25 July 2018

How to hack your unconscious… to boost your memory and learn better

It seems like hard conscious work, but much of the learning process goes on deep in the mind. Here are the top tips to improve how you recall facts



We tend to think of learning as hard work, requiring a lot of conscious effort. However, much of the process goes on behind the scenes. If you could improve the unconscious processing and retrieval of memories, you could game the system. And it turns out that you can – often with very little effort.

If you are learning facts such as foreign phrases or historical dates, giving your study a boost could be as simple as taking a break. Lila Davachi at New York University has found that breaks help to consolidate new memories, improving recall later. However, for a time out to work, different brain cells need to be activated to those you used during the learning period. So, try not to think about what you have just been working on.

memory illustration

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Better yet, sleep on it. It is well established that the brain processes memories during sleep, but it will do this more effectively if you leave the optimum time between learning and sleeping. Christoph Nissen at the University of Bern, Switzerland, found that a group of 16 and 17-year-olds performed best on tests of factual memory if they studied the material mid-afternoon, but they acquired skills involving movements faster if they practised in the evening. He suspects that the “critical window” between learning and sleep is shorter for movement-related learning than for other types of memory. Whether adults can benefit as much as teenagers from these windows isn’t clear. “There is evidence that adolescents have a higher capacity to learn – and they sleep better,” says Nissen. It is also worth noting that after about age 60, adults generally learn better in the morning.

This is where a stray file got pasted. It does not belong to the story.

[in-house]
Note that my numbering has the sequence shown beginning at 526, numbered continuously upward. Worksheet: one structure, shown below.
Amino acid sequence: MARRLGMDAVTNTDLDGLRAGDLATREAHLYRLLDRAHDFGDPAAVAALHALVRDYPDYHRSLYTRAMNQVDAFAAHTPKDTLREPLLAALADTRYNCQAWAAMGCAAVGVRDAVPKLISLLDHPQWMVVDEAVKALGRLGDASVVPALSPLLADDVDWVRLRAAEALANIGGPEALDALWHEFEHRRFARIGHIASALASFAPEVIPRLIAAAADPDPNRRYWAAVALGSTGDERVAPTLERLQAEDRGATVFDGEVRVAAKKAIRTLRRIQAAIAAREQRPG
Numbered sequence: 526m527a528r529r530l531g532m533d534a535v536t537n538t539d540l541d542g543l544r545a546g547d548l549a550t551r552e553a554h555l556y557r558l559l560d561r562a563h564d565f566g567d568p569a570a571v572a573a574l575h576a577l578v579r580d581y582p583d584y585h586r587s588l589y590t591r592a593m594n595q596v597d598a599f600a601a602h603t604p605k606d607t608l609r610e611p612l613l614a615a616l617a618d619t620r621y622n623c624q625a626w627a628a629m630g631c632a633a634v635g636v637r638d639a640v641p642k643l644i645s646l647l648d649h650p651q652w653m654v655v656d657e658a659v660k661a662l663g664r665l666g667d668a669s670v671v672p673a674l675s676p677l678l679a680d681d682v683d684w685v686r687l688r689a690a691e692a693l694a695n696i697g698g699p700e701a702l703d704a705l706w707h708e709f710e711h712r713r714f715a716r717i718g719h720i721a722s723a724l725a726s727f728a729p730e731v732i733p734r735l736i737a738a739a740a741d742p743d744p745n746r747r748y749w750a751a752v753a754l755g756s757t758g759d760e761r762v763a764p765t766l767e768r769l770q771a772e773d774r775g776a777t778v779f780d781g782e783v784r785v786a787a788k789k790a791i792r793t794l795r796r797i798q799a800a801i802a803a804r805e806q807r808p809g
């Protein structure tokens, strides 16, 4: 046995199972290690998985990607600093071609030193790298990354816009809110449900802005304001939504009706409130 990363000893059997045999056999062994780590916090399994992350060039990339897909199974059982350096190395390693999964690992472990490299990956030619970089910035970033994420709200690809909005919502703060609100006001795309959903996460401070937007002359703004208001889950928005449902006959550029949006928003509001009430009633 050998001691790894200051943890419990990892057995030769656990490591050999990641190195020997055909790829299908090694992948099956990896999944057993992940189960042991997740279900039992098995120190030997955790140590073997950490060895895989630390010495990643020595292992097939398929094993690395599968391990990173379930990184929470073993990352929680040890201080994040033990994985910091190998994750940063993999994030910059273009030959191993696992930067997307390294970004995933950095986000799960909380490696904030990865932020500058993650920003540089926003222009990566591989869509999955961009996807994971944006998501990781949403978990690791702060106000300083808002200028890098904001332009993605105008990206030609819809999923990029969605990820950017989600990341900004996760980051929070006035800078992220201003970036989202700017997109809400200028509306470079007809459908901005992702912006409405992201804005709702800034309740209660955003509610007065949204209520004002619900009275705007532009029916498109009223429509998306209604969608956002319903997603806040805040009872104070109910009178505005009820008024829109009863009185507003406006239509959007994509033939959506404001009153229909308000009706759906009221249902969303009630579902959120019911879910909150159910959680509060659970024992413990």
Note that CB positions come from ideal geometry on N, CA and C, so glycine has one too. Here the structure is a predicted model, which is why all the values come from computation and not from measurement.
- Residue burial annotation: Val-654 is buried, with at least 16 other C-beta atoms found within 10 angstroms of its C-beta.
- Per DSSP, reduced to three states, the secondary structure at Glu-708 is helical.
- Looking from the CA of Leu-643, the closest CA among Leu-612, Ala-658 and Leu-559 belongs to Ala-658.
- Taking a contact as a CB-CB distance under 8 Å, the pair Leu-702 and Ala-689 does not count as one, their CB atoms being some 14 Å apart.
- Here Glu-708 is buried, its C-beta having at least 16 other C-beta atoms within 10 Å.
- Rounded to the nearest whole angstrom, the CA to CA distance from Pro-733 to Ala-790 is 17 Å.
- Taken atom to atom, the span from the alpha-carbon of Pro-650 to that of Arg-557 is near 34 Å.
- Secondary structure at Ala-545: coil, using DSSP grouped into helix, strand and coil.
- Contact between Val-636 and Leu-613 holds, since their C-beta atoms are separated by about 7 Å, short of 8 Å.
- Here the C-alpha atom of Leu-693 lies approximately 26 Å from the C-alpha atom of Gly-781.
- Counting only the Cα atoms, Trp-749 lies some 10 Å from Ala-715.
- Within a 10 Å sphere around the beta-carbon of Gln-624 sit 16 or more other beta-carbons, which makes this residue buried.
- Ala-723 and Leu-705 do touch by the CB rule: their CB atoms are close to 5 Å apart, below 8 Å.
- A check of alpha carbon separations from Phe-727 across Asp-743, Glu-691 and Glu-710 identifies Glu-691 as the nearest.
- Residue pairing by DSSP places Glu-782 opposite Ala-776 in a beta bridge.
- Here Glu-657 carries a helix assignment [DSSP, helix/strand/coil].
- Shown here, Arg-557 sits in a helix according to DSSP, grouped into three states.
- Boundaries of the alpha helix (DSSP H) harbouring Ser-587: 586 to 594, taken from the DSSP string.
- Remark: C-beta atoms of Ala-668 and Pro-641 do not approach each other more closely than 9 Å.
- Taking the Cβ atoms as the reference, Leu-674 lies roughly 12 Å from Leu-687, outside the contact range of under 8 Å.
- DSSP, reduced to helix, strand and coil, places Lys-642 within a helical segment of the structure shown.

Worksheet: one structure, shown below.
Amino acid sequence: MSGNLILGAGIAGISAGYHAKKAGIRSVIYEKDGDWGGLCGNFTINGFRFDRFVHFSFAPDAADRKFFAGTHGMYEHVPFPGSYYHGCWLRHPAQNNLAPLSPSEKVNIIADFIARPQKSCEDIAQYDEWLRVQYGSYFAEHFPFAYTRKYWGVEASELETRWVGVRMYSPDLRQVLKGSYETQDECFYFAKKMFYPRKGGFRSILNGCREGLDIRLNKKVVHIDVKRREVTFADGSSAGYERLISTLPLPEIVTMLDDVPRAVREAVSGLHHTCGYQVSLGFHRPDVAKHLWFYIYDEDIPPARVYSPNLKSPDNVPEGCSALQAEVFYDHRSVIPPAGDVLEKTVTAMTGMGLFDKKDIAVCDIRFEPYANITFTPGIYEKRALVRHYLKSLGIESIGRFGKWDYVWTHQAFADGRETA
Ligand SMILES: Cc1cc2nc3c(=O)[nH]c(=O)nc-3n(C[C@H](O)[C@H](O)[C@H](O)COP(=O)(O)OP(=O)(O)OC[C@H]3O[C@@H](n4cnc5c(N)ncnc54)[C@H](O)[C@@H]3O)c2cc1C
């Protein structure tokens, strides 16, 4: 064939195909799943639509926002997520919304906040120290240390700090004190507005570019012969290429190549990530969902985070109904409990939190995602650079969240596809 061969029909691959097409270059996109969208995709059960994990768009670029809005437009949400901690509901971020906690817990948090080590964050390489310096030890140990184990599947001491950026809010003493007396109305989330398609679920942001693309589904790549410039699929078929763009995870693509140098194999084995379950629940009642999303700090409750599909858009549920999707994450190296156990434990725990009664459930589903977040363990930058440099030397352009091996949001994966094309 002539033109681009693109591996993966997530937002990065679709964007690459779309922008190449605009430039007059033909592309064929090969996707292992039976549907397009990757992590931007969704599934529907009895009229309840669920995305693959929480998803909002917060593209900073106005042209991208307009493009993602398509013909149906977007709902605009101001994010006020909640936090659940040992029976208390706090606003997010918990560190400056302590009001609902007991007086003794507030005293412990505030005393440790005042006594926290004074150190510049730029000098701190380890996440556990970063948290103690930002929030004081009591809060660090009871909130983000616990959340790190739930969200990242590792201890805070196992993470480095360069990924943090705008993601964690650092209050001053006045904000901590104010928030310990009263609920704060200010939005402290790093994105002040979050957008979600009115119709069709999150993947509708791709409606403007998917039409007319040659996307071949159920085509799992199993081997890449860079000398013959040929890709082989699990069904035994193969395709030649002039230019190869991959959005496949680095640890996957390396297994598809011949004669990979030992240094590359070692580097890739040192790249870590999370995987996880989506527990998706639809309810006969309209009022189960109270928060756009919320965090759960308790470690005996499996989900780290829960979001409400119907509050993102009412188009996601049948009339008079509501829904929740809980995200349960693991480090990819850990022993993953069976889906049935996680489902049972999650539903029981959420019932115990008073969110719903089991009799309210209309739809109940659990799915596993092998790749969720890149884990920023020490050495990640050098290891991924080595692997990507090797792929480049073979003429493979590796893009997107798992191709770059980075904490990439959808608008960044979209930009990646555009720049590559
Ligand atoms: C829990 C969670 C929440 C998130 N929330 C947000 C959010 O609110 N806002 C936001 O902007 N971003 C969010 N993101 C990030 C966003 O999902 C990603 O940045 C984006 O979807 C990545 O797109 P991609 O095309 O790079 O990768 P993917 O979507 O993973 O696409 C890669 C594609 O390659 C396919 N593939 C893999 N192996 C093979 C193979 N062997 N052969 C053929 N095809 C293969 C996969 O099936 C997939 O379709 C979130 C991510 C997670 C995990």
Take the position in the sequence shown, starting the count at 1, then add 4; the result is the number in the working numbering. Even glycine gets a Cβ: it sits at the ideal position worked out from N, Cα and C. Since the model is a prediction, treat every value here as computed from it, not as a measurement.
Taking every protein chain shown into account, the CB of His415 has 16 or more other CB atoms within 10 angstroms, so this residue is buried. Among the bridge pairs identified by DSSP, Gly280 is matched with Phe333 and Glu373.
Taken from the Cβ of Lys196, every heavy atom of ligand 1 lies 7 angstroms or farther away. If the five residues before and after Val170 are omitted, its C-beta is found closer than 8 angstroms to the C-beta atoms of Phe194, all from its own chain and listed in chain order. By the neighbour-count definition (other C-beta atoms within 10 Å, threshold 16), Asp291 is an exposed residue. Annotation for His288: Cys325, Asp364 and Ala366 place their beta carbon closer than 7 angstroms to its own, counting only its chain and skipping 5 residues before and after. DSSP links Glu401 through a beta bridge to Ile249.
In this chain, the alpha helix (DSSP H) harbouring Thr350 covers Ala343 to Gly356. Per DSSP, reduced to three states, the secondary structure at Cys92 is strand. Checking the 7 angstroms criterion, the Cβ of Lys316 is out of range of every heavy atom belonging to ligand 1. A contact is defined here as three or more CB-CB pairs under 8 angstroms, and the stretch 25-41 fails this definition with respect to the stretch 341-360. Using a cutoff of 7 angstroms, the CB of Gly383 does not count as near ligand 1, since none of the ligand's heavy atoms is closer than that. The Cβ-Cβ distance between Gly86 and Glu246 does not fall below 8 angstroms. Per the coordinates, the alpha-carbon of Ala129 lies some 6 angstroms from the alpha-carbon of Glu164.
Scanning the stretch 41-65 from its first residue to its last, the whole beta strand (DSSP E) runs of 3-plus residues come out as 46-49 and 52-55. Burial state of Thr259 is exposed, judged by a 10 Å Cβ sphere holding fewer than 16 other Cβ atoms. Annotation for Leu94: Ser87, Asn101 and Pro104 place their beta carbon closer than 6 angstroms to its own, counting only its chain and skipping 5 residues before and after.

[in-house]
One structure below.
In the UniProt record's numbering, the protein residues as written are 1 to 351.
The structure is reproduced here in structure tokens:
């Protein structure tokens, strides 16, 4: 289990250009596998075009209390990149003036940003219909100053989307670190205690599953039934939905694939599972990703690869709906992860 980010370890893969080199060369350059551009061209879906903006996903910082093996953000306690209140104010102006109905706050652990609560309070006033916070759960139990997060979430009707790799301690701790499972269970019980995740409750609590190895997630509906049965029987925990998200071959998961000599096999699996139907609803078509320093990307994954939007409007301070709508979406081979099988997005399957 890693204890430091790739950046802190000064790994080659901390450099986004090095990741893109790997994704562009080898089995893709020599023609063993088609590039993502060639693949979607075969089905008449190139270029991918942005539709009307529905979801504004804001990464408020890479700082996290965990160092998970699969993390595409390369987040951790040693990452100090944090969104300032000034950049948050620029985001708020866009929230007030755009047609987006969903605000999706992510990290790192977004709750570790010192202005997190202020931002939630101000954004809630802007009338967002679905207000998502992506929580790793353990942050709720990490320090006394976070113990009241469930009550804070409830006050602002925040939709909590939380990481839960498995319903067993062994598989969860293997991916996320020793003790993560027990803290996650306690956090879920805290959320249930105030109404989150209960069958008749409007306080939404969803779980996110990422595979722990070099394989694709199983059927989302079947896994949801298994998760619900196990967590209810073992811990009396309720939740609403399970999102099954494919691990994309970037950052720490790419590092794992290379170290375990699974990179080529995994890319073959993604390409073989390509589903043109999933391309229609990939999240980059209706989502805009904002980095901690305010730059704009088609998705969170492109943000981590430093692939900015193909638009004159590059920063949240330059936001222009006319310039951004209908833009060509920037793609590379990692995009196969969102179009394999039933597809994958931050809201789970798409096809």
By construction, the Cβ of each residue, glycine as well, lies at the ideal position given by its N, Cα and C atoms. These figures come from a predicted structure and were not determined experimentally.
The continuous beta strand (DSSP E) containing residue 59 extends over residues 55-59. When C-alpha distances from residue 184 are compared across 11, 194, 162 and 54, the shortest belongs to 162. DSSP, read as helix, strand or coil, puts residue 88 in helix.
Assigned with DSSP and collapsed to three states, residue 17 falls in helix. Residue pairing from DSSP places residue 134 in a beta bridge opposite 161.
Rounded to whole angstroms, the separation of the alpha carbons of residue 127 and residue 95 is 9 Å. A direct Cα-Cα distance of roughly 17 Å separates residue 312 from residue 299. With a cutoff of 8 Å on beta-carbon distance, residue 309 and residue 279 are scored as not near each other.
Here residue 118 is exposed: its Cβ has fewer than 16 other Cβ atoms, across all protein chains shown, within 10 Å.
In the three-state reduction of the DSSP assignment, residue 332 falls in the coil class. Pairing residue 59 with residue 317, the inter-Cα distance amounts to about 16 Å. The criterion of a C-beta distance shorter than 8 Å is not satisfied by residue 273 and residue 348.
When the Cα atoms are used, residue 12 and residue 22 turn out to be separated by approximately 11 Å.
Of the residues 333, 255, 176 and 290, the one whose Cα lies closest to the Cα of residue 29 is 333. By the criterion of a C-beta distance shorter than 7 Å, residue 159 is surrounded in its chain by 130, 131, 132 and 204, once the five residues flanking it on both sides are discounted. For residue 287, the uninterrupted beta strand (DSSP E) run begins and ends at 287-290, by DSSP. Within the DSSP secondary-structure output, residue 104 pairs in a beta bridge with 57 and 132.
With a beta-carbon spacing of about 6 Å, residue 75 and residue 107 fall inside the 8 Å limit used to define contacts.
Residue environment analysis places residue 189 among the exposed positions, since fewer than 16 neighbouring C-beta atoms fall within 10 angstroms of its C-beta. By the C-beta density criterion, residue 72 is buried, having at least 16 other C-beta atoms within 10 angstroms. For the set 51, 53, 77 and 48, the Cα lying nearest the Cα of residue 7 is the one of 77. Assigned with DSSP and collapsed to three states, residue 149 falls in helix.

Björn Rasch at the University of Fribourg, Switzerland, is investigating another way to boost learning during sleep. He has led a series of studies showing that adult language learners remember more when played recordings of foreign vocab while sleeping. “The literature on targeted memory reactivation is growing rapidly,” he says. “Most findings are positive.” However, it is important that the words are played during non-REM, slow wave sleep, when factual memories are consolidated. Also, the volume of the recordings should not be so loud that it disrupts sleep. Alternatively, you could try using scents to cue learning in your sleeping brain. Rasch has found a boost to memory in people who smelled roses while learning a task and then again during slow wave sleep.

hack your unconscious illustration

Hack your unconscious

Your unconscious mind is not a black box of fears and desires working to undermine you, but a powerhouse of thought. Discover how you can take advantage

As well as laying down memories, your unconscious mind is responsible for retrieving them on demand. This process seems all too fallible, as those regular tip-of-the-tongue moments attest. However, an intriguing study suggests a way to improve things. Volunteers who had to answer multiple-choice questions on a computer did significantly better if told that the correct answer would be flashed up subliminally just before each question. In fact, they weren’t given the answers at all – their improved performance was all down to the placebo effect. The researchers think it worked by reducing performance anxiety and priming people for success.

If you have an exam, or even a pub quiz, coming up, that’s worth bearing in mind. Unlocking the knowledge stored in your unconscious mind could be as simple as believing that you can do it.

This article appeared in print under the headline “Cultivate your Unconscious”